NAFTA’s Importance in U.S. Ag Exports

Whether farmers are raising cattle in Oklahoma, milking cows in Vermont, growing fruits and vegetables in Florida, or growing corn, soybeans and wheat in America’s heartland, their agricultural income depends on trade. USDA estimates that 25 percent of all U.S. agricultural production is exported, and for some commodities that percentage is even higher.

 

Many of these trade benefits come on the back of the North American Free Trade Agreement, which has helped to increase U.S. agricultural exports by more than 200 percent since 1993. Today’s article builds on recent Farm Bureau analyses of NAFTA by reviewing the share of agricultural exports to NAFTA partners by state and by commodity.

Reviewing the share of agricultural exports to NAFTA partners by state and by commodity provides additional perspective on the value of NAFTA to each state. Here is the dairy data. It’s important to note that this data reflects U.S. Census Foreign Trade Division agricultural trade data, and may not be the point of origin for agricultural commodities.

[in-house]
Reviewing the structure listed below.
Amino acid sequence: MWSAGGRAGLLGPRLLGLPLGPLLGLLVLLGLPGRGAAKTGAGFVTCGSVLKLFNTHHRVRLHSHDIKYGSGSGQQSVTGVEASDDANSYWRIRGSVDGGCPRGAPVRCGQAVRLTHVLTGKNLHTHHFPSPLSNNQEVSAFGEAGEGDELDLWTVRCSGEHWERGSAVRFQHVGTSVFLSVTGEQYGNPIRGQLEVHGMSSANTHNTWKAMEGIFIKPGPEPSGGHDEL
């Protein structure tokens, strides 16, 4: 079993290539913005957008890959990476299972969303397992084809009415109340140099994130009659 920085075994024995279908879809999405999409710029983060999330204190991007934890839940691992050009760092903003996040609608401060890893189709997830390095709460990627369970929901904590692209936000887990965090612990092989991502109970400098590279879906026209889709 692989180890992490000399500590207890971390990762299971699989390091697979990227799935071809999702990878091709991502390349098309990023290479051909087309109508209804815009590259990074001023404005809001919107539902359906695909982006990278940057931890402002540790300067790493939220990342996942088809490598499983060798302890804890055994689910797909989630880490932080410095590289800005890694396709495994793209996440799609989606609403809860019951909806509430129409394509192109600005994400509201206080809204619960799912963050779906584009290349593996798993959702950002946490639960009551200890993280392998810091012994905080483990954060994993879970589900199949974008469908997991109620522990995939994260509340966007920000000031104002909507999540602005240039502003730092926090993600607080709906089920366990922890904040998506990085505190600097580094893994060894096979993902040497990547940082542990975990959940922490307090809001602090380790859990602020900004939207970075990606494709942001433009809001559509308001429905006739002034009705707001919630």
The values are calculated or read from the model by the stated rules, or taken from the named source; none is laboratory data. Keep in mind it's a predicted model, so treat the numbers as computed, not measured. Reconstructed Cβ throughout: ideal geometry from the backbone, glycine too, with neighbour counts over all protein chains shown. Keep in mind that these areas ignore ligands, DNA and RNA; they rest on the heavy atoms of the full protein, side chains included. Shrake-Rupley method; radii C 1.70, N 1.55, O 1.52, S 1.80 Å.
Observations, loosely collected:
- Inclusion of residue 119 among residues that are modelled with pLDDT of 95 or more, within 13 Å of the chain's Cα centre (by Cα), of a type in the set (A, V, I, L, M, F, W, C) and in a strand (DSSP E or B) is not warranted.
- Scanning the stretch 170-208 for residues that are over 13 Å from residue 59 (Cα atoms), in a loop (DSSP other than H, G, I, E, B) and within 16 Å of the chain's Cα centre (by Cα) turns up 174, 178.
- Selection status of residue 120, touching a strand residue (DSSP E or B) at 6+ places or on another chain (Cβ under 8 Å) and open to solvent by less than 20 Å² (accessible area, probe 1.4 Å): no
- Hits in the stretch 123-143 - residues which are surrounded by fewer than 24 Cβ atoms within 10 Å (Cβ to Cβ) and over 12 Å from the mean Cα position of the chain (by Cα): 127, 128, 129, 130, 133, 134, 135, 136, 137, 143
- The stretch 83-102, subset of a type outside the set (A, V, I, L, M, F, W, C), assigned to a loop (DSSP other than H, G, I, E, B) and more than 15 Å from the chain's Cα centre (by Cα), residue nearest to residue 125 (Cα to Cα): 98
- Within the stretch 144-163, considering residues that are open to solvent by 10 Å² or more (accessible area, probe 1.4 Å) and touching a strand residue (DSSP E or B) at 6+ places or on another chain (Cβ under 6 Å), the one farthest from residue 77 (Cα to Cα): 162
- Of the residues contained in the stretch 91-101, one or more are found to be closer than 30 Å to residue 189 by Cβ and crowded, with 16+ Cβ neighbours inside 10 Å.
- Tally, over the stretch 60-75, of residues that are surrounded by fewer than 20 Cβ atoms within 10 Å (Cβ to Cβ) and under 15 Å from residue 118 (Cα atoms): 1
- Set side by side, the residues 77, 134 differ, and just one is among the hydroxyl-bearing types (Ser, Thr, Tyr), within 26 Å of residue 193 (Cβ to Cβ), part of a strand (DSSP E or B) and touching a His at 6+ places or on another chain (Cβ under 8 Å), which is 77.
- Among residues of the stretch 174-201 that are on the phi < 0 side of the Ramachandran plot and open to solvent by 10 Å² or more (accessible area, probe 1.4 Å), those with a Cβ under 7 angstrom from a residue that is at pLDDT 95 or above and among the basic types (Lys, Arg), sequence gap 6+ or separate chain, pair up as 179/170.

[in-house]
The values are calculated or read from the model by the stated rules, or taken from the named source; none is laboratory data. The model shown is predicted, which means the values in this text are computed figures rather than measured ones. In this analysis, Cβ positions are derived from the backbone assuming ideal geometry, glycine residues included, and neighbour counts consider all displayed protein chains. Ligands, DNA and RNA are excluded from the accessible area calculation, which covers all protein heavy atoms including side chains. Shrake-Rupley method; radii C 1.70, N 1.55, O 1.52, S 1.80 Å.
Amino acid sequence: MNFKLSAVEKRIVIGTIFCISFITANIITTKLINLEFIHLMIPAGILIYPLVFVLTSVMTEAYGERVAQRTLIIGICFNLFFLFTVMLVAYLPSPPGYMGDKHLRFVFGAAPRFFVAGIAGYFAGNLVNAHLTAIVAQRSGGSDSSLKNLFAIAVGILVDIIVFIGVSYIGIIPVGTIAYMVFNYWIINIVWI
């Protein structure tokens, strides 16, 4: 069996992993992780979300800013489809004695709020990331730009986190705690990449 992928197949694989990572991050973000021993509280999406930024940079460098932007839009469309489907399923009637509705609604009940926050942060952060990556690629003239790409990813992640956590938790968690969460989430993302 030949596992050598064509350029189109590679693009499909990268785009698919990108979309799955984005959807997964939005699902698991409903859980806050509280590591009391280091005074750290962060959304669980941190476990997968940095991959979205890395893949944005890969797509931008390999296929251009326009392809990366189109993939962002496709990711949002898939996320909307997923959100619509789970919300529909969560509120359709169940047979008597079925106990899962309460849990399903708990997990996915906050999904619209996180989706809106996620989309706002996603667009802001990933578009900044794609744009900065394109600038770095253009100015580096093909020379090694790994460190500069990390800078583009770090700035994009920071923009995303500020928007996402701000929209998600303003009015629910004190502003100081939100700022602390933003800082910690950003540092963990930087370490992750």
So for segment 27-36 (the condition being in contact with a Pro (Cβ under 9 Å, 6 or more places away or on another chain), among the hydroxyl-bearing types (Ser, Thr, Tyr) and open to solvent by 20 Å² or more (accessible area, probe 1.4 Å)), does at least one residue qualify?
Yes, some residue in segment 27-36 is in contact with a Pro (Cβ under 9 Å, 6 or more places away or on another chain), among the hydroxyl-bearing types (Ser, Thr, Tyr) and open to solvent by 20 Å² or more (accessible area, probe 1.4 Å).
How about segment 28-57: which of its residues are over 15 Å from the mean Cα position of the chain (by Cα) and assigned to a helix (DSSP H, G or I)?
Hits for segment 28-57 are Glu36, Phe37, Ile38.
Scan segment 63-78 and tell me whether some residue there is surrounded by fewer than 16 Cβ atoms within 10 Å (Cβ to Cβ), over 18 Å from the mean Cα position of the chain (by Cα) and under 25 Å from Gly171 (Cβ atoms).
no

Dairy

U.S. access to the Canadian dairy market was not a part of NAFTA. Nevertheless, the Canadian dairy industry is a key component of the NAFTA 2.0 conversation (i.e. Canadian supply management and new milk pricing provisions). Market Intel has reviewed these issues in depth, U.S. Dairy and NAFTA and Canada Closes Door on U.S. Dairy Farmers. As such, mending NAFTA is incredibly important to the U.S. dairy industry.

During 2016, $4.7 billion in U.S. dairy products were shipped to Mexico and Canada, two of the top three dairy export markets. Of total dairy exports, $1.2 billion was shipped to Mexico and $631 million was shipped to Canada. Combined Mexico and Canada represented nearly 40 percent of U.S. dairy product exports in 2016. Figure 6 highlights the percentage of dairy product exports by state to our NAFTA partners.

American Farm Bureau – Market Intel